As world leaders arrived for the Rio+20 Earth Summit earlier this week, the skies began to darken over Rio de Janeiro — a sign of how attendees were feeling after negotiators presented a watered-down document on Tuesday night outlining global sustainability aspirations.
When U.S. Secretary of State Hillary Clinton landed in Rio early this morning, she arrived amidst a torrential rainstorm that soaked the streets of the city. And that’s about how many people were feeling as the conference neared a close today: a little soaked.
In an effort to break the clouds and show that the U.S. has done something other than commit to weak aspirational goals, Clinton was in Rio today to announce a new U.S. initiative to leverage private financing for clean energy projects in Africa. The partnership, which includes the State Department, the Overseas Private Investment Corp., and the U.S. Trade and Development Agency, will provide $20 million in grants to business owners in Africa to help leverage hundreds of millions in private financing.
“This initiative is part of an across the board push to make clean energy and energy security cornerstones of our foreign policy,” said Clinton, speaking at a side event before her speech to the full conference.
Clinton then highlighted other key initiatives supported by the U.S., including a partnership with Brazil on developing sustainable cities, an international program to stop deforestation, and $2 billion in commitments to the UN’s Sustainable Energy For All program.
While environmental groups have been very critical of the formal negotiated outcome in Rio, the announcement from Clinton received some cautious praise.
“This is a positive step for leveraging scarce resources to deliver clean energy access for the poor. I’m more than happy to see Secretary Clinton putting her weight behind these kinds of initiatives,” said Justin Guay, head of the Sierra Club’s international program.
Some of the public and private commitments made in Rio are older and have been re-packaged for the summit, making groups watching the pledges skeptical. But this is a new program, said Jake Schmidt, international climate policy director for the Natural Resources Defense Council.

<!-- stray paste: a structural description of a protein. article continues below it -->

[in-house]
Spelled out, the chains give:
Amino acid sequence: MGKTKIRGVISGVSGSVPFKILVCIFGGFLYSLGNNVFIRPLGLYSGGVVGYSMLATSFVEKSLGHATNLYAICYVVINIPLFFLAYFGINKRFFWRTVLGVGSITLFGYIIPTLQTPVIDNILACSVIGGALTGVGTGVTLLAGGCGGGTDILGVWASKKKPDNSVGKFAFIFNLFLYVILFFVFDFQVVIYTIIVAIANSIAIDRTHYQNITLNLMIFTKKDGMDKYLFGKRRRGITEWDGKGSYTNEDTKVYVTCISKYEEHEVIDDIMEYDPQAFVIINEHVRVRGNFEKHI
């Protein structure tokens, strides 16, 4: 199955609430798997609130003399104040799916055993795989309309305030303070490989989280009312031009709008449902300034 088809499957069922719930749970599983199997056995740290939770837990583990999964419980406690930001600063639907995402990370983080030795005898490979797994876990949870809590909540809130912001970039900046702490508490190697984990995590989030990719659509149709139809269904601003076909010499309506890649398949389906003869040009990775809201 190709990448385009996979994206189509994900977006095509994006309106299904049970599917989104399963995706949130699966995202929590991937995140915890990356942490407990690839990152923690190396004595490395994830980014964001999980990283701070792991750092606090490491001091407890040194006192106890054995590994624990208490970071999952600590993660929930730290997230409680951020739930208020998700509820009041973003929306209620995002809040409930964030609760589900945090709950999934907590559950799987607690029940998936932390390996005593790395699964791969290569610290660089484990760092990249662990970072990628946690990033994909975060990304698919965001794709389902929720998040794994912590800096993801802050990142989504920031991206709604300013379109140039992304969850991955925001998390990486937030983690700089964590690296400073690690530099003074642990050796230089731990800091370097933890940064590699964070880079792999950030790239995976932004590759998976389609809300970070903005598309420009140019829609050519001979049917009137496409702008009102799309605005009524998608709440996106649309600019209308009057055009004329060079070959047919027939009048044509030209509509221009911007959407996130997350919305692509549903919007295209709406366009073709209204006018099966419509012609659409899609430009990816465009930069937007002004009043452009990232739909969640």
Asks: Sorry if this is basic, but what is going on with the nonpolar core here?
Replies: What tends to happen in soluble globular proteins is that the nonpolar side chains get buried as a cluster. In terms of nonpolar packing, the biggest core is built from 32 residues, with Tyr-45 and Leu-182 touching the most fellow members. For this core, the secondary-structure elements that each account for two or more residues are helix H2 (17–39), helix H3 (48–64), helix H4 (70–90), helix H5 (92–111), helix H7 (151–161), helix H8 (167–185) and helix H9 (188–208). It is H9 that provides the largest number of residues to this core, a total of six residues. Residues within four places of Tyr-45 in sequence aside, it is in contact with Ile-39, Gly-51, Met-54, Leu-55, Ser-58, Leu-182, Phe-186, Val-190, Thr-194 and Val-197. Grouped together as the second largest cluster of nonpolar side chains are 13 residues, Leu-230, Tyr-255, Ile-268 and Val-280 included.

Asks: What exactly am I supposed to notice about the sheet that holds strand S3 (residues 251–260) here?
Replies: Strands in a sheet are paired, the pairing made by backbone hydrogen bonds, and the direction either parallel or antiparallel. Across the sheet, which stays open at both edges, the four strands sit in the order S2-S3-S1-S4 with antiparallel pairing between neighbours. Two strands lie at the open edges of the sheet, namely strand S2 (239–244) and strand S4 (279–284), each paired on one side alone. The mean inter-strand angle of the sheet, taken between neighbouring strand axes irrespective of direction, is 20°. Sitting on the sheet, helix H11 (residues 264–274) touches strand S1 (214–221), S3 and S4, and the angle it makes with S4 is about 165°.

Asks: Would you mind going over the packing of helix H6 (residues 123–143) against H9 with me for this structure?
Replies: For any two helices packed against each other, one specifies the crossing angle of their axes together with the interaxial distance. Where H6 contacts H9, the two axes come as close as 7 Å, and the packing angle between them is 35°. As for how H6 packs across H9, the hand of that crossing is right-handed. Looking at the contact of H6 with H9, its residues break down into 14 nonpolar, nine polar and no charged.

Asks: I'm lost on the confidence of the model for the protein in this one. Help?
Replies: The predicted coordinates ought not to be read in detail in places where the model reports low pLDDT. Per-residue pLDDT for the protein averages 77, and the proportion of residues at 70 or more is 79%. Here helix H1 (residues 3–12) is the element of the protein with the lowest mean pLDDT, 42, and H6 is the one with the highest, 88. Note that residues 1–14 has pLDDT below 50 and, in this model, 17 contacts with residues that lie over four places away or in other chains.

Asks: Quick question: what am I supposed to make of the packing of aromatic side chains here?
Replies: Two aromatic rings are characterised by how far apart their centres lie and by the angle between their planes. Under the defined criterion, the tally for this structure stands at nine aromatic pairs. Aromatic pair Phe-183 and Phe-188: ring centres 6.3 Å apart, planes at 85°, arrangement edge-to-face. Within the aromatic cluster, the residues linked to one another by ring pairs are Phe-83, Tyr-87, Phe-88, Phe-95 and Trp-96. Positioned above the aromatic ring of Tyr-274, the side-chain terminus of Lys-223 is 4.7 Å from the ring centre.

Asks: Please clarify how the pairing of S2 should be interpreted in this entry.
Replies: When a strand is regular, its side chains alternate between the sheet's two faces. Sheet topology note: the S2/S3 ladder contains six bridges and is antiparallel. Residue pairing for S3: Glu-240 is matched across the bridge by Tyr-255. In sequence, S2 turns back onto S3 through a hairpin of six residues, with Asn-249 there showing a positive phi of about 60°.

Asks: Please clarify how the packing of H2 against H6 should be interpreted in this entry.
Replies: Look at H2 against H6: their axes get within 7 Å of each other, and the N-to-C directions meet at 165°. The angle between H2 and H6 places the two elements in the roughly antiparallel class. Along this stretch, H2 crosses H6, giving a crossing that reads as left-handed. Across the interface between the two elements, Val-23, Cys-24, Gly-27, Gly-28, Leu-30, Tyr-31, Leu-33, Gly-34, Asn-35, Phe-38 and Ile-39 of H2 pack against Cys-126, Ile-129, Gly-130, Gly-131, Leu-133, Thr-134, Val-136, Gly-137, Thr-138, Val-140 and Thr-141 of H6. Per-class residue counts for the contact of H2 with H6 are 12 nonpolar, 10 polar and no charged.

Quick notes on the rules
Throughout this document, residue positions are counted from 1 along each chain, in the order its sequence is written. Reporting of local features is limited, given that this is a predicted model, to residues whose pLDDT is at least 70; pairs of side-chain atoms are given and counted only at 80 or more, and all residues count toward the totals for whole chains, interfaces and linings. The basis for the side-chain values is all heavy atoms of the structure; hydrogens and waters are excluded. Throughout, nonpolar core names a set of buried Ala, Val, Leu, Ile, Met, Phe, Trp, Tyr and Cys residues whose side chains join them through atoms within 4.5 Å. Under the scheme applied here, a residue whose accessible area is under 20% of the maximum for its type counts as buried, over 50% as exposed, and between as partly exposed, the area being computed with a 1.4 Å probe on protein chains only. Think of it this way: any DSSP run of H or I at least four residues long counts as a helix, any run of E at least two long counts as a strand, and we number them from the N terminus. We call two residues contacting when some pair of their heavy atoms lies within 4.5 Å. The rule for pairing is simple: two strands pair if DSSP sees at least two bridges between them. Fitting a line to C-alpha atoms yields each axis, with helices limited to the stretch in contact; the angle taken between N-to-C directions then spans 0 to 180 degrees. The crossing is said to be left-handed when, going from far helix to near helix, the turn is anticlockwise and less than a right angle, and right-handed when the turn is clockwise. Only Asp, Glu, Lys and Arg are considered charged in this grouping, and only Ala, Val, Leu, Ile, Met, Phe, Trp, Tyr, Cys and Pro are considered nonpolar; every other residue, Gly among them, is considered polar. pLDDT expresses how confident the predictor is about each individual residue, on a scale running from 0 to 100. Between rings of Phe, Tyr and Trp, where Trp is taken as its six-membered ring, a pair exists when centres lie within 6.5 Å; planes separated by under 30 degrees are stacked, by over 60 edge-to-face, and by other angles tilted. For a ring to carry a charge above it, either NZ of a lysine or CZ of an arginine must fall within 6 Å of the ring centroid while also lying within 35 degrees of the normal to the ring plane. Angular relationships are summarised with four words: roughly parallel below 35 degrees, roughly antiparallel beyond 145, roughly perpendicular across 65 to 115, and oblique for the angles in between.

“This will help unleash the large potential for renewable energy that exists in Africa. This proves that renewable energy is ready in all continents as it expands OPIC investment into a continent in desperate need of renewable energy to help address energy poverty and the growing energy needs in key African countries,” said Schmidt.
After leaving the side event, Clinton moved to the plenary where she addressed the entire summit and again highlighted “targeted action” supported by the U.S. in an attempt to weave a positive message. She made no mention of the sense of disappointment about the negotiated text coming out of the conference.
But others were more blunt about the overall outcome.
“Opportunities to bring together political leaders in this context happen so rarely, this summit is correctly perceived as a missed opportunity,” said Manish Bapna, executive vice president of the World Resources Institute, speaking about the official document coming out of Rio.
Bapna said he was excited to see new initiatives coming out of Rio like the one announced by Clinton today. But he lamented that the official document from the summit has “few deadlines, few numbers, with very little that is truly concrete.”
Stephen Lacey is reporting from Rio this week. For a full wrap up of the conference, stay tuned to Climate Progress.